Jim Crow in Arlington
In Virginia, Jim Crow took many forms. It was even enshrined in the new Constitution of the Commonwealth of Virginia, established in 1902. The new constitution disenfranchised many Black citizens by means of voting restrictions. In the section describing public schools, it stipulated that “White and colored children shall not be taught in the same school.”
Another important law was the Racial Integrity Act of 1924. This act was specifically designed to prohibit miscegenation, or “race mixing.” It defined “whites” as only those people "who [have] no trace whatsoever of any blood other than Caucasian." To preserve whiteness, the act prevented marriage between whites and nonwhites, who were described in the law as “colored.” It required that every birth certificate issued in the Commonwealth state the race of each infant. It also required the forced sterilization of Virginia citizens found to be “mentally ill” or “mentally deficient.”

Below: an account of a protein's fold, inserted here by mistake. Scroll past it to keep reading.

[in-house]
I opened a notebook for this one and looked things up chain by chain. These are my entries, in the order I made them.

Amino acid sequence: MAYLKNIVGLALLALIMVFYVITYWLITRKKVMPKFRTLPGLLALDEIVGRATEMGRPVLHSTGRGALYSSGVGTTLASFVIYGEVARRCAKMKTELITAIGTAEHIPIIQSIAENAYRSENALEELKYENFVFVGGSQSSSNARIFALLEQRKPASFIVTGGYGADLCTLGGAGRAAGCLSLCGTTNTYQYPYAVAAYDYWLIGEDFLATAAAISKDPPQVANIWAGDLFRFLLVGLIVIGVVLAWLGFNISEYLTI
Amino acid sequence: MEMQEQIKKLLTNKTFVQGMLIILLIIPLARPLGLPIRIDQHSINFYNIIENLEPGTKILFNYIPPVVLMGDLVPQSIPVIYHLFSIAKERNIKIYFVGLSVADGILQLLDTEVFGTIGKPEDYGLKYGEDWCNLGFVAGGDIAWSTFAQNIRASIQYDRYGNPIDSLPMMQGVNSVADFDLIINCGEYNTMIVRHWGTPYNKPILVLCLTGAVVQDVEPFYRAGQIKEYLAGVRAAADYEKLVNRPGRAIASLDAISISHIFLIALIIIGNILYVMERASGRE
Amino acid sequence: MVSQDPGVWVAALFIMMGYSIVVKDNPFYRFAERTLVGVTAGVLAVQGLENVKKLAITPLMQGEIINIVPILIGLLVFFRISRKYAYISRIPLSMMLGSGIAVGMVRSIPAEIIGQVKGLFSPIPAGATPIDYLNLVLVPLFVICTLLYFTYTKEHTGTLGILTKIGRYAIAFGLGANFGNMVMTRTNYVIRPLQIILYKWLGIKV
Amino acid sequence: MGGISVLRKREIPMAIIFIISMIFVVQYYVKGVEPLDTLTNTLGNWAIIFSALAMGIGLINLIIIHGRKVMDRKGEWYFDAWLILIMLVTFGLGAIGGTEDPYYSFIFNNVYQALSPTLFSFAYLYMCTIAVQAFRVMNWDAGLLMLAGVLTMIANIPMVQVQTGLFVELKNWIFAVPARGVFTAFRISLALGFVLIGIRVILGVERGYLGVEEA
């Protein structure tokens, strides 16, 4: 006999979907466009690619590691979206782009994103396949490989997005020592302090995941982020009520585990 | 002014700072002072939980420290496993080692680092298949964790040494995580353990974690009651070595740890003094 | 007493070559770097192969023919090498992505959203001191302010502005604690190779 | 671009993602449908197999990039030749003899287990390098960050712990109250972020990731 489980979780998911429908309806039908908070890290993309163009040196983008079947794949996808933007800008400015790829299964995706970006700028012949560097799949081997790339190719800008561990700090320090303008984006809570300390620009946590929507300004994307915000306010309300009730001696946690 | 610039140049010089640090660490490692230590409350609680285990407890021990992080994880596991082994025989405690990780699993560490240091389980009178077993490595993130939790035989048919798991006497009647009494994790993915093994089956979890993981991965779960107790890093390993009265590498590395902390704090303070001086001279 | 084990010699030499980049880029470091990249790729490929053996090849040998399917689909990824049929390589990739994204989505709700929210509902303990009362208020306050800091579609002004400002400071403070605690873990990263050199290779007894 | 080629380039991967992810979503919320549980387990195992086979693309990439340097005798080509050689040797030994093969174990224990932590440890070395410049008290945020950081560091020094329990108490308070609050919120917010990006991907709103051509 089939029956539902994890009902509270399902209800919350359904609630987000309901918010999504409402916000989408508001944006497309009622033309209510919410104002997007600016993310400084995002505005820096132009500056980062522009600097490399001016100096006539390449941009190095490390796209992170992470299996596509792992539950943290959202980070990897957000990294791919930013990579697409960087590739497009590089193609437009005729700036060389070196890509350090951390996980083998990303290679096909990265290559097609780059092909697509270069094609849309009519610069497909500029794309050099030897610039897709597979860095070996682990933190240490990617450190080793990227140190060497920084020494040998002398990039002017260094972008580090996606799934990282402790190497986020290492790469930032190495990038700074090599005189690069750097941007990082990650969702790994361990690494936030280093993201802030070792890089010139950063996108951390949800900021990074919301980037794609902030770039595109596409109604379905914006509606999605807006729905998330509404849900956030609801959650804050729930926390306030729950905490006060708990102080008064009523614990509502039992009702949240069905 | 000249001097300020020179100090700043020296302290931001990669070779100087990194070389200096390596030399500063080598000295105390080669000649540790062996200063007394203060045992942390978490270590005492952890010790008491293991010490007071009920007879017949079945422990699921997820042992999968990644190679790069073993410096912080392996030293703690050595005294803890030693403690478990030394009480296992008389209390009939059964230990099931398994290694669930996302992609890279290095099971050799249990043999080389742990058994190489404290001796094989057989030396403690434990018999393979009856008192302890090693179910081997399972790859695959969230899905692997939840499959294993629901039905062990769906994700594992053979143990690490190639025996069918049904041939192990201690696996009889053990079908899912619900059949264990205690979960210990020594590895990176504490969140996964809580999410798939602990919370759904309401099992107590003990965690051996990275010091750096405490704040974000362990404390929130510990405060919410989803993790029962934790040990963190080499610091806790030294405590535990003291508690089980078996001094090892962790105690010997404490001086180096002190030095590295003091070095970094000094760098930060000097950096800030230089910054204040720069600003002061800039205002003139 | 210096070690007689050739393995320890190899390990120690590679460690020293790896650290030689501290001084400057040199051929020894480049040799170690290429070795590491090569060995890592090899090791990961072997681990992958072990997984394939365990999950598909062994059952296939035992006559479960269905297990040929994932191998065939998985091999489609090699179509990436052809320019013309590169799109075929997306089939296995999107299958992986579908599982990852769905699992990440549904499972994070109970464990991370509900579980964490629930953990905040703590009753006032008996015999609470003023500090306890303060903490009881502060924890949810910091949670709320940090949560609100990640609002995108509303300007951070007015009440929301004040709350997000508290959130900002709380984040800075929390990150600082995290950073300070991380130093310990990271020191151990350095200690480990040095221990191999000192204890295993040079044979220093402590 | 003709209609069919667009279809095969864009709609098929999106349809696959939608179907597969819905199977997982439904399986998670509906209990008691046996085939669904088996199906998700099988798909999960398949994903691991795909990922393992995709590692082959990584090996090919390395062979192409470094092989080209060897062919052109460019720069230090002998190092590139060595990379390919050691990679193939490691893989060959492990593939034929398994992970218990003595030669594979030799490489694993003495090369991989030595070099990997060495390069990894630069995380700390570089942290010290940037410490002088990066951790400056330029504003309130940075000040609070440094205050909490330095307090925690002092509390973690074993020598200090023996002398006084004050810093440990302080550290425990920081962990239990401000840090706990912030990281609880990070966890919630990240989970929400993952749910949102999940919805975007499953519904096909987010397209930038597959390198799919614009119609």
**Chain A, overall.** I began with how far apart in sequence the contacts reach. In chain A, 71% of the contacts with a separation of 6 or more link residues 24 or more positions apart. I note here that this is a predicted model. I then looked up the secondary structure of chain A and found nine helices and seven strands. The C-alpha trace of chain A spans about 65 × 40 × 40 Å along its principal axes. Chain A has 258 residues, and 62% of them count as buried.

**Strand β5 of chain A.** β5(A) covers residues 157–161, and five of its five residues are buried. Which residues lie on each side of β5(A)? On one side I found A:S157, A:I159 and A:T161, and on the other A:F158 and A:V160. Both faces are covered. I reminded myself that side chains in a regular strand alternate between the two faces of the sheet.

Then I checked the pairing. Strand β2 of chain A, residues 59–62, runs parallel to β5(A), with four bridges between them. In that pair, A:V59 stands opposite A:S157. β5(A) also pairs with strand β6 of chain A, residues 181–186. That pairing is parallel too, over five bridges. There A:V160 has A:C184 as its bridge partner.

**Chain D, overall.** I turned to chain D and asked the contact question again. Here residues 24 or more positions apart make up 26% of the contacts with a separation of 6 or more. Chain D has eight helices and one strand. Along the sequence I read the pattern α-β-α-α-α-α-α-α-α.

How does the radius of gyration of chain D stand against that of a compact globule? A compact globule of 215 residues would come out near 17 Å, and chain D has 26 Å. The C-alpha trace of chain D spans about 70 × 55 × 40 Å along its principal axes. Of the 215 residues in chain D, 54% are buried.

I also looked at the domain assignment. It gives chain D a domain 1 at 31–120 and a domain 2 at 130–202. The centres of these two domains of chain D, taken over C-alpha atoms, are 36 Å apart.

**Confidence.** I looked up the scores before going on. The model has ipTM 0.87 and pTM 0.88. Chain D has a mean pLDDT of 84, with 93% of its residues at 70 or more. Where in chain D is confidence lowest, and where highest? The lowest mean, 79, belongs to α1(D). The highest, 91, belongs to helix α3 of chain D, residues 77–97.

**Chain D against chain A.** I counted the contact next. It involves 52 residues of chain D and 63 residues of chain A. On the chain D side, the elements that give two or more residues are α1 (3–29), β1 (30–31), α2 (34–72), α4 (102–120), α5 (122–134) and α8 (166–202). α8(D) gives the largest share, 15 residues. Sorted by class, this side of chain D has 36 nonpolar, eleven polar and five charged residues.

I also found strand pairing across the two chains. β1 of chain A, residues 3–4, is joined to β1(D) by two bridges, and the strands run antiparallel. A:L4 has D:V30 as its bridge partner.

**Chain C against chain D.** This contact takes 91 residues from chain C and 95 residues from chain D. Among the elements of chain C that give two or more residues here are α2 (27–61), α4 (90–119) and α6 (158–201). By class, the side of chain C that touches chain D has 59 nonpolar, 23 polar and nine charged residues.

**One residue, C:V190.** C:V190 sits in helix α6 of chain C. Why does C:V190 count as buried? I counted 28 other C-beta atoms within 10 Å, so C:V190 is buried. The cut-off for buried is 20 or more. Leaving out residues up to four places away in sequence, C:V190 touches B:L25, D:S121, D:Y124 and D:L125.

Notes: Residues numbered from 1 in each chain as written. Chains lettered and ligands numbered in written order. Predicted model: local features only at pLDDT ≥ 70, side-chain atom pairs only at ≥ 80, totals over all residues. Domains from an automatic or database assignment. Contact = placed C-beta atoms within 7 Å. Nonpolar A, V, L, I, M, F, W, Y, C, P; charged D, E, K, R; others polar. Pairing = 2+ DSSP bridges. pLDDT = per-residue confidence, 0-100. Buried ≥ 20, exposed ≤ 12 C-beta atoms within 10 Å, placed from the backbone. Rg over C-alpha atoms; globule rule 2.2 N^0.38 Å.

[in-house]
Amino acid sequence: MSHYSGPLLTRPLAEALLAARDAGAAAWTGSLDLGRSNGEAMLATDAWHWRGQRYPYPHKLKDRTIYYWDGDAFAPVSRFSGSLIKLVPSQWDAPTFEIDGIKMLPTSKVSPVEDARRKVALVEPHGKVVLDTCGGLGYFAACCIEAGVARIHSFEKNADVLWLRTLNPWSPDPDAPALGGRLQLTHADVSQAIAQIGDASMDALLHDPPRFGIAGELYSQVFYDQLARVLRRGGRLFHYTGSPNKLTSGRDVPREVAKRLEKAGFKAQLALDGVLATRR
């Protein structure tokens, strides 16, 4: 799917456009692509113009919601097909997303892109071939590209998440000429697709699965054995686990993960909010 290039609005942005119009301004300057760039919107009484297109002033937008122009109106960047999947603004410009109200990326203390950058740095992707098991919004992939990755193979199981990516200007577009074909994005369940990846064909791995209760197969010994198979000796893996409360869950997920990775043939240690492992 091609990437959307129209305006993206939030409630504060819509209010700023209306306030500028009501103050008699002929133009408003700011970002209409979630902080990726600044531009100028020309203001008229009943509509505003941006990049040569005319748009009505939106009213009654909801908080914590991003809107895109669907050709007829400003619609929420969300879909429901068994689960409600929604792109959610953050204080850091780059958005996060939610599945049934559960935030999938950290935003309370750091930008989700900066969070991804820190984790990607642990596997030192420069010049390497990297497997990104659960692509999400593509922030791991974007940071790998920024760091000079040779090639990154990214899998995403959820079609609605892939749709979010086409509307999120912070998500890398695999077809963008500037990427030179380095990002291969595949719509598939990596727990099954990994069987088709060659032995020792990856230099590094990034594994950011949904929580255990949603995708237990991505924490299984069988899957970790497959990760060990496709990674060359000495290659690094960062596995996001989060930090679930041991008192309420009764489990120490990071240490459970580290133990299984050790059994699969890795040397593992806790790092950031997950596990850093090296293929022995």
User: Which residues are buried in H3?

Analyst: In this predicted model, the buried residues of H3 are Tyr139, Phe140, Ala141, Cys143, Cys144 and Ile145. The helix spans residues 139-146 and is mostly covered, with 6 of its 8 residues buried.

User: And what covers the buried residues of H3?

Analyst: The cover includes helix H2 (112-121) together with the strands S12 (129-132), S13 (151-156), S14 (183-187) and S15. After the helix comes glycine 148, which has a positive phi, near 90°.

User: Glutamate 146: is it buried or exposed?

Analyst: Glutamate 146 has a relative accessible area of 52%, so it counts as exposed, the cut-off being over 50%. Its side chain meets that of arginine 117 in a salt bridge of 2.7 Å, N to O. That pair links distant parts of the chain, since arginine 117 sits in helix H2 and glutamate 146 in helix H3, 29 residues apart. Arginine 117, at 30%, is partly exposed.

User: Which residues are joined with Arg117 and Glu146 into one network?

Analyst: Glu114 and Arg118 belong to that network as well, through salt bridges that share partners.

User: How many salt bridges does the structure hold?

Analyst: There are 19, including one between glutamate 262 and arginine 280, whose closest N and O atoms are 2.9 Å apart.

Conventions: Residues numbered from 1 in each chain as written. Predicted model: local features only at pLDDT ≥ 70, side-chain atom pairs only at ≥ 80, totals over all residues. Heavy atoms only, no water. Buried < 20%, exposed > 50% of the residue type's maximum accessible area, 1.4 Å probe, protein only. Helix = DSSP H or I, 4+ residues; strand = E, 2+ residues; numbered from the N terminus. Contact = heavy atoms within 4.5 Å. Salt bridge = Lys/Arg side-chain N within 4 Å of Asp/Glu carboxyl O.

In addition to the Virginia Constitution and state laws like the Racial Integrity Act, Jim Crow took the form of numerous local ordinances as well as property covenants that prohibited selling homes in certain neighborhoods to “colored” citizens.